Unlike the Supreme Court of the United States, which customarily (though apparently not this year) issues all its opinions for the term by June 30, the Supreme Court of New Jersey continues issuing opinions into the summer months, or even beyond. In the last few days, the Court has issued three opinions. Here are summaries of those opinions:
Gourmet Dining, LLC v. Union Township, 243 N.J. 1 (2020). This decision, issued today, was a 6-0 ruling, with Justice LaVecchia authoring the Court’s opinion. As discussed here, this case involved (to quote Justice LaVecchia) the question of whether “the for-profit owner of a high-end, regionally renowned restaurant situated on a college campus” was exempt from local property taxes because the restaurant was a “public purpose,” or on other grounds. The Tax Court held that there was no tax exemption. The Appellate Division reversed, but the Supreme Court today reversed and reinstated the Tax Court’s holding. “Commercial success” of the restaurant was the “paramount factor” here. Any benefit to the college (the basis for the “public purpose” claim) was at best peripheral.
City of Asbury Park v. Star Ins. Co., 242 N.J. 596 (2020). Yesterday, in a unanimous opinion by Justice Fernandez-Vina, the Court decided, unchanged, a certified question posed to it by the Third Circuit. As discussed here, that question was “Whether, under equitable principles, the made-whole doctrine applies to first-dollar risk that is allocated to an insured under an insurance policy, i.e., a self-insured retention or deductible.” The Court answered in the negative. The alternative result, Justice Fernandez-Vina said, would be “an unbargained for, unpaid for, windfall” to the insured. The Court found inapplicable Providence Washington Ins. Co. v. Hogges, 67 N.J. Super. 475 (App. Div. 1961), on which the insured, Asbury Park, placed primary reliance, and found persuasive authority from other cases that reached the same result as did the Court in this case.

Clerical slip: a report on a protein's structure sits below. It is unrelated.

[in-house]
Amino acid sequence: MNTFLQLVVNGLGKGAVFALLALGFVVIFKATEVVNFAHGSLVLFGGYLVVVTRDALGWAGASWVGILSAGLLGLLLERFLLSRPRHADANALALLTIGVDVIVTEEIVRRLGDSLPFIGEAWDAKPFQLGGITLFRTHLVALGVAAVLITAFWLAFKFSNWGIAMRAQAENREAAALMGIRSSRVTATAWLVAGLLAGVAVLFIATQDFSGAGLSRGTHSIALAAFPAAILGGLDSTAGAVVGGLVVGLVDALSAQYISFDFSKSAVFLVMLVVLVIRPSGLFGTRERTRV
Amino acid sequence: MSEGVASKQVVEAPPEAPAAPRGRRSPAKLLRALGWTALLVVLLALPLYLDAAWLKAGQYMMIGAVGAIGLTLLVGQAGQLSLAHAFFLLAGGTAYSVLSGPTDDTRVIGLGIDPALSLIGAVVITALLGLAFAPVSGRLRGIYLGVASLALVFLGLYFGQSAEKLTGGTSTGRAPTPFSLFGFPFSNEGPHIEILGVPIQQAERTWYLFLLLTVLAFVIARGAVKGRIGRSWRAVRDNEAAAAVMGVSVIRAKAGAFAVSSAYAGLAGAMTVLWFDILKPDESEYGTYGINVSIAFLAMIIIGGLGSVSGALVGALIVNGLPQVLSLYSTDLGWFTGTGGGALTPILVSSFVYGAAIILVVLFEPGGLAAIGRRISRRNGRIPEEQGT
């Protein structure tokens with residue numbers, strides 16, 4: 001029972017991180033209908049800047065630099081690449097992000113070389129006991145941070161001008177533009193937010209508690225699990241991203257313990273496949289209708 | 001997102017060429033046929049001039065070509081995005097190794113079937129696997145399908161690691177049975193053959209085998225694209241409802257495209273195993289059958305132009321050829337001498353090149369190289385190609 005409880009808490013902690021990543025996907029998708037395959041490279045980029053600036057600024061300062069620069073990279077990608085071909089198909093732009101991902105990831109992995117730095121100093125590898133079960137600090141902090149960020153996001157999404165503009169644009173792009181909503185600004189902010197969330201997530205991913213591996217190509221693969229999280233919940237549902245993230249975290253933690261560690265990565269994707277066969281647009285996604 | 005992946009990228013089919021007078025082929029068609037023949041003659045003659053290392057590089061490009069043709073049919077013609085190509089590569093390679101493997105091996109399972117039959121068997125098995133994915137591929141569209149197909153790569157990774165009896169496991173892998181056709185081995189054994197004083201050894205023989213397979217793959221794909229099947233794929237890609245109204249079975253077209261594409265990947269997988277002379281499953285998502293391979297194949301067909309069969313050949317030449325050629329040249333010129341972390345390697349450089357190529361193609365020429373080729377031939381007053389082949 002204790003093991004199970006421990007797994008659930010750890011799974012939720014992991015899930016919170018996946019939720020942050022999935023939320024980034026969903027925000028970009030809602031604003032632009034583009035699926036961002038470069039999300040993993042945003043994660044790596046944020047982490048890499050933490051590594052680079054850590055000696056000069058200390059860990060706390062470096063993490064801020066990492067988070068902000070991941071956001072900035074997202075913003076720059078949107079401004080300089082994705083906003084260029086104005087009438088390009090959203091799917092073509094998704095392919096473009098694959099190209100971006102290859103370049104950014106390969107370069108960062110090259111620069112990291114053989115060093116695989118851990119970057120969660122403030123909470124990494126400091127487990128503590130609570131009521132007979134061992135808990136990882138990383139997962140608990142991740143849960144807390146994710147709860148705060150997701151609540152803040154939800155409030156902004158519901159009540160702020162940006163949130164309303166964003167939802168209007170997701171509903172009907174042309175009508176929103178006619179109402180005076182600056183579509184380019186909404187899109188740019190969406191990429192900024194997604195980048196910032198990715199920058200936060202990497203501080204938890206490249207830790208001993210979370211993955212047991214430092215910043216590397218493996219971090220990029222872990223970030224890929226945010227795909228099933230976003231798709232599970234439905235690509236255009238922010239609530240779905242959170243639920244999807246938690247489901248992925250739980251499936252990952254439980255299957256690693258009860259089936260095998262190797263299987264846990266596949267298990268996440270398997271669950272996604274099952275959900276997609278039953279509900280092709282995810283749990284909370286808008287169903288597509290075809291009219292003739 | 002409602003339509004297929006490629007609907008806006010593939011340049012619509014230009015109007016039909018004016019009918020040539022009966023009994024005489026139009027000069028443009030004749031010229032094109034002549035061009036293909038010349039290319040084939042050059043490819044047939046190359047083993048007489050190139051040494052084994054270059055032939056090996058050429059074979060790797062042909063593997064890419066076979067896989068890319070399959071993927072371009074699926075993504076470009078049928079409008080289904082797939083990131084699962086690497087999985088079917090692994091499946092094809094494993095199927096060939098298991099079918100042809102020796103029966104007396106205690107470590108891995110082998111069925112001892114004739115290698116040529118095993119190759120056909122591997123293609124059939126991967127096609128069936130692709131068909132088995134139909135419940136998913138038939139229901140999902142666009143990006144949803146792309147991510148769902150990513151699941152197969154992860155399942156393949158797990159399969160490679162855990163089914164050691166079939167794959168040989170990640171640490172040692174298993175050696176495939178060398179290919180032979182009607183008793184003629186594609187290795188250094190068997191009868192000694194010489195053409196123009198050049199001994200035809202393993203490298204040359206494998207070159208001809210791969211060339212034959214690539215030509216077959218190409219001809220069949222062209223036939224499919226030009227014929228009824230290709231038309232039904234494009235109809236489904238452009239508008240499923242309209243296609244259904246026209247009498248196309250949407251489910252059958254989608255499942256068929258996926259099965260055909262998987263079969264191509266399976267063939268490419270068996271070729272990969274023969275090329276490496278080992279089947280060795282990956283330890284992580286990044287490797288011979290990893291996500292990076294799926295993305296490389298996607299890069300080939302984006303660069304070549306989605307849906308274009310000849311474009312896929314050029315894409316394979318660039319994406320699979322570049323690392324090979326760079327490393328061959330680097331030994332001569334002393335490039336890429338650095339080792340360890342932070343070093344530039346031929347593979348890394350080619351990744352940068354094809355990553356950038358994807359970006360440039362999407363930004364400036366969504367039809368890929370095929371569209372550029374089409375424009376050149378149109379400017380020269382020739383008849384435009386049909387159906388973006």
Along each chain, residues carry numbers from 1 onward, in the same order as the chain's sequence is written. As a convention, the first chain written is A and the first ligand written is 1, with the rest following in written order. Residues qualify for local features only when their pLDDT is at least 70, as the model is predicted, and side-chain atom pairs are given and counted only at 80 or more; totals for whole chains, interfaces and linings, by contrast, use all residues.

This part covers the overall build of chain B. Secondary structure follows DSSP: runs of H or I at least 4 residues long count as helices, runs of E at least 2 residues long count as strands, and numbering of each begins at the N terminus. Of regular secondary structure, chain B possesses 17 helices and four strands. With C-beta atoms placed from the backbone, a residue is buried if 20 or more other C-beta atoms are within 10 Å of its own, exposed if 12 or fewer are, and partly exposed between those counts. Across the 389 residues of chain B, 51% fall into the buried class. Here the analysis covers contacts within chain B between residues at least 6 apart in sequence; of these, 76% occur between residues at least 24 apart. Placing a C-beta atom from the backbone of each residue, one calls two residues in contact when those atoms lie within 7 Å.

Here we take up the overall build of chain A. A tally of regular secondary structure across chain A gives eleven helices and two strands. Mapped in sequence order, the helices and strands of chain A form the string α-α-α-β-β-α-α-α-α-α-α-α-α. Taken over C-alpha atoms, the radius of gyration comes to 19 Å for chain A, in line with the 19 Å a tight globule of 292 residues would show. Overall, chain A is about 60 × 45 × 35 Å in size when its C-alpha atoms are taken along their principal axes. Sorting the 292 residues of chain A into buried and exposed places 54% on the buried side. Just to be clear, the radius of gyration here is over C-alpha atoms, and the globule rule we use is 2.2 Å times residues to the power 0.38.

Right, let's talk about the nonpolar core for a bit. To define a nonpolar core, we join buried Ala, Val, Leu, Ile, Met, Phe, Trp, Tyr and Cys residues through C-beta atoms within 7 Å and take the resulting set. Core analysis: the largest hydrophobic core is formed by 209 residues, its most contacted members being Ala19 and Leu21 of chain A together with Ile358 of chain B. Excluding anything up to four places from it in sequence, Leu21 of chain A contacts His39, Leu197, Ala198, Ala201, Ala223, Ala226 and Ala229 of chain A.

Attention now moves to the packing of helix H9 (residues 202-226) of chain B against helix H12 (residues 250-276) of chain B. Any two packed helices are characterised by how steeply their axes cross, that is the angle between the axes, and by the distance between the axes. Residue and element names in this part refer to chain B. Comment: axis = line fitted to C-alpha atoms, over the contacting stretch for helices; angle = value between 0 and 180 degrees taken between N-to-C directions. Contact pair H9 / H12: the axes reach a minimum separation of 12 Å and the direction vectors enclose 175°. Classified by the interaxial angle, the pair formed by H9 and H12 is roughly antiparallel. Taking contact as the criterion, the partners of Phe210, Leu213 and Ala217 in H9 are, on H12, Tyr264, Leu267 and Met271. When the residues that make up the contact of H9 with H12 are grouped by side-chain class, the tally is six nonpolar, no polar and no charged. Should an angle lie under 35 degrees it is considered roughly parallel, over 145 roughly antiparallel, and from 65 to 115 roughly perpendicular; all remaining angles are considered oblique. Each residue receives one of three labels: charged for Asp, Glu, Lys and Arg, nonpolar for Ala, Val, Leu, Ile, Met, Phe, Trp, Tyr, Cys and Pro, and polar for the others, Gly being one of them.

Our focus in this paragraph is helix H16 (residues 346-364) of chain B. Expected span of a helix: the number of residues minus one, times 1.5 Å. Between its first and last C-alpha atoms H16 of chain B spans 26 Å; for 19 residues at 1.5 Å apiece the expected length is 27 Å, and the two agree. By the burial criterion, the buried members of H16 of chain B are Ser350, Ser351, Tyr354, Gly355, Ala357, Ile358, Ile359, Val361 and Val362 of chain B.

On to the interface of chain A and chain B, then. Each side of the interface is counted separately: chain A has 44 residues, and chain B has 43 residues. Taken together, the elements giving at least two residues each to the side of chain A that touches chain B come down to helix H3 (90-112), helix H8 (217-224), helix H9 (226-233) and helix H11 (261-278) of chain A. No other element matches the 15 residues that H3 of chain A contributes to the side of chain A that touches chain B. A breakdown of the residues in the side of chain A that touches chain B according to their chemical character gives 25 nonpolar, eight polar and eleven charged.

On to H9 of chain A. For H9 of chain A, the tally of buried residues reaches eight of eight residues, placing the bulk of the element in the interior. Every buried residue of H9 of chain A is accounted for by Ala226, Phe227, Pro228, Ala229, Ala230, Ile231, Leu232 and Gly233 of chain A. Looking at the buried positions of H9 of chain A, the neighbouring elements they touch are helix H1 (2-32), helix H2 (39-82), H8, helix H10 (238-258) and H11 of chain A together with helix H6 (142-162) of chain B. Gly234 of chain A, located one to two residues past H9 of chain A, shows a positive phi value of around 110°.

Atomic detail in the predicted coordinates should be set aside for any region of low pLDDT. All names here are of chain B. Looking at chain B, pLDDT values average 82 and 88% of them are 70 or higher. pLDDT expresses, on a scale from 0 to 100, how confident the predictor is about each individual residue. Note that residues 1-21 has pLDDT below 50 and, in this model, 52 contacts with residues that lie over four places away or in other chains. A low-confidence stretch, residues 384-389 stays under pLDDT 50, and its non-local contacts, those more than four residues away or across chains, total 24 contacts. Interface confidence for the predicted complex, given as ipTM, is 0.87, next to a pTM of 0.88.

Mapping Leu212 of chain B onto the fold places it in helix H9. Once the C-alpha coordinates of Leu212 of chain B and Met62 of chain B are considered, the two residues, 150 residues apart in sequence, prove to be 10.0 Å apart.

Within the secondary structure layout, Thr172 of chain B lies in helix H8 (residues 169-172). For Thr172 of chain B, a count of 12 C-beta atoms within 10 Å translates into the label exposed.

Little v. Kia Motors America, Inc., 242 N.J. 557 (2020). This long-running consumer class action case, discussed in detail here, has had many twists and turns. A rare class action matter that went to trial, the case resulted in a verdict for plaintiff and the class on one of their two theories: that each class member had sustained $750 in damages for repair expenses occasioned by defendant’s breach of its express warranty (the other theory, diminution of value of all the vehicles due to the alleged defect in its brakes, did not persuade the jury). That conclusion, which allowed the class aggregate rather than individualized damages, was based on the testimony of plaintiff’s expert. The Law Division thereafter decertified the class and remitted the former class members to individualized damage proceedings with a Special Master. Plaintiff appealed, and the Appellate Division revered and reinstated the aggregate damage award.
On further review, the Supreme Court, speaking through Justice Patterson, reversed and vacated the classwide damage award by a 6-0 vote. The Court adopted principles regarding the availability of aggregate damages in a class action that were stated in Muise v. GPU, Inc., 371 N.J. Super. 13 (App. Div. 2004) [Disclosure: I represented the plaintiffs in the Muise appeal], and stated that cost of repair can be a proper measure of such damages. But the Justices held that the expert testimony here did not support an award of aggregate cost of repair damages on the facts presented. Applying the abuse of discretion standard, the Court went on to uphold the decertification of the class because damage claims could not be resolved in a common proceeding (a ruling perhaps unique to the facts of this case, since in general differences in damages do not defeat class certification), and to affirm the Special Master’s rulings in the individual claims proceedings. This was a bitter pill for the previously certified class to swallow, especially since (as the Appellate Division observed) “[t]he defense did not deny that [the subject vehicles] had brake problems.” Moreover, a certified class of Pennsylvania citizens who had these same vehicles obtained aggregate damages after a trial there, see Samuel-Bassett v. Kia Motors America, Inc., 34 A.3d 1 (Pa. 2011).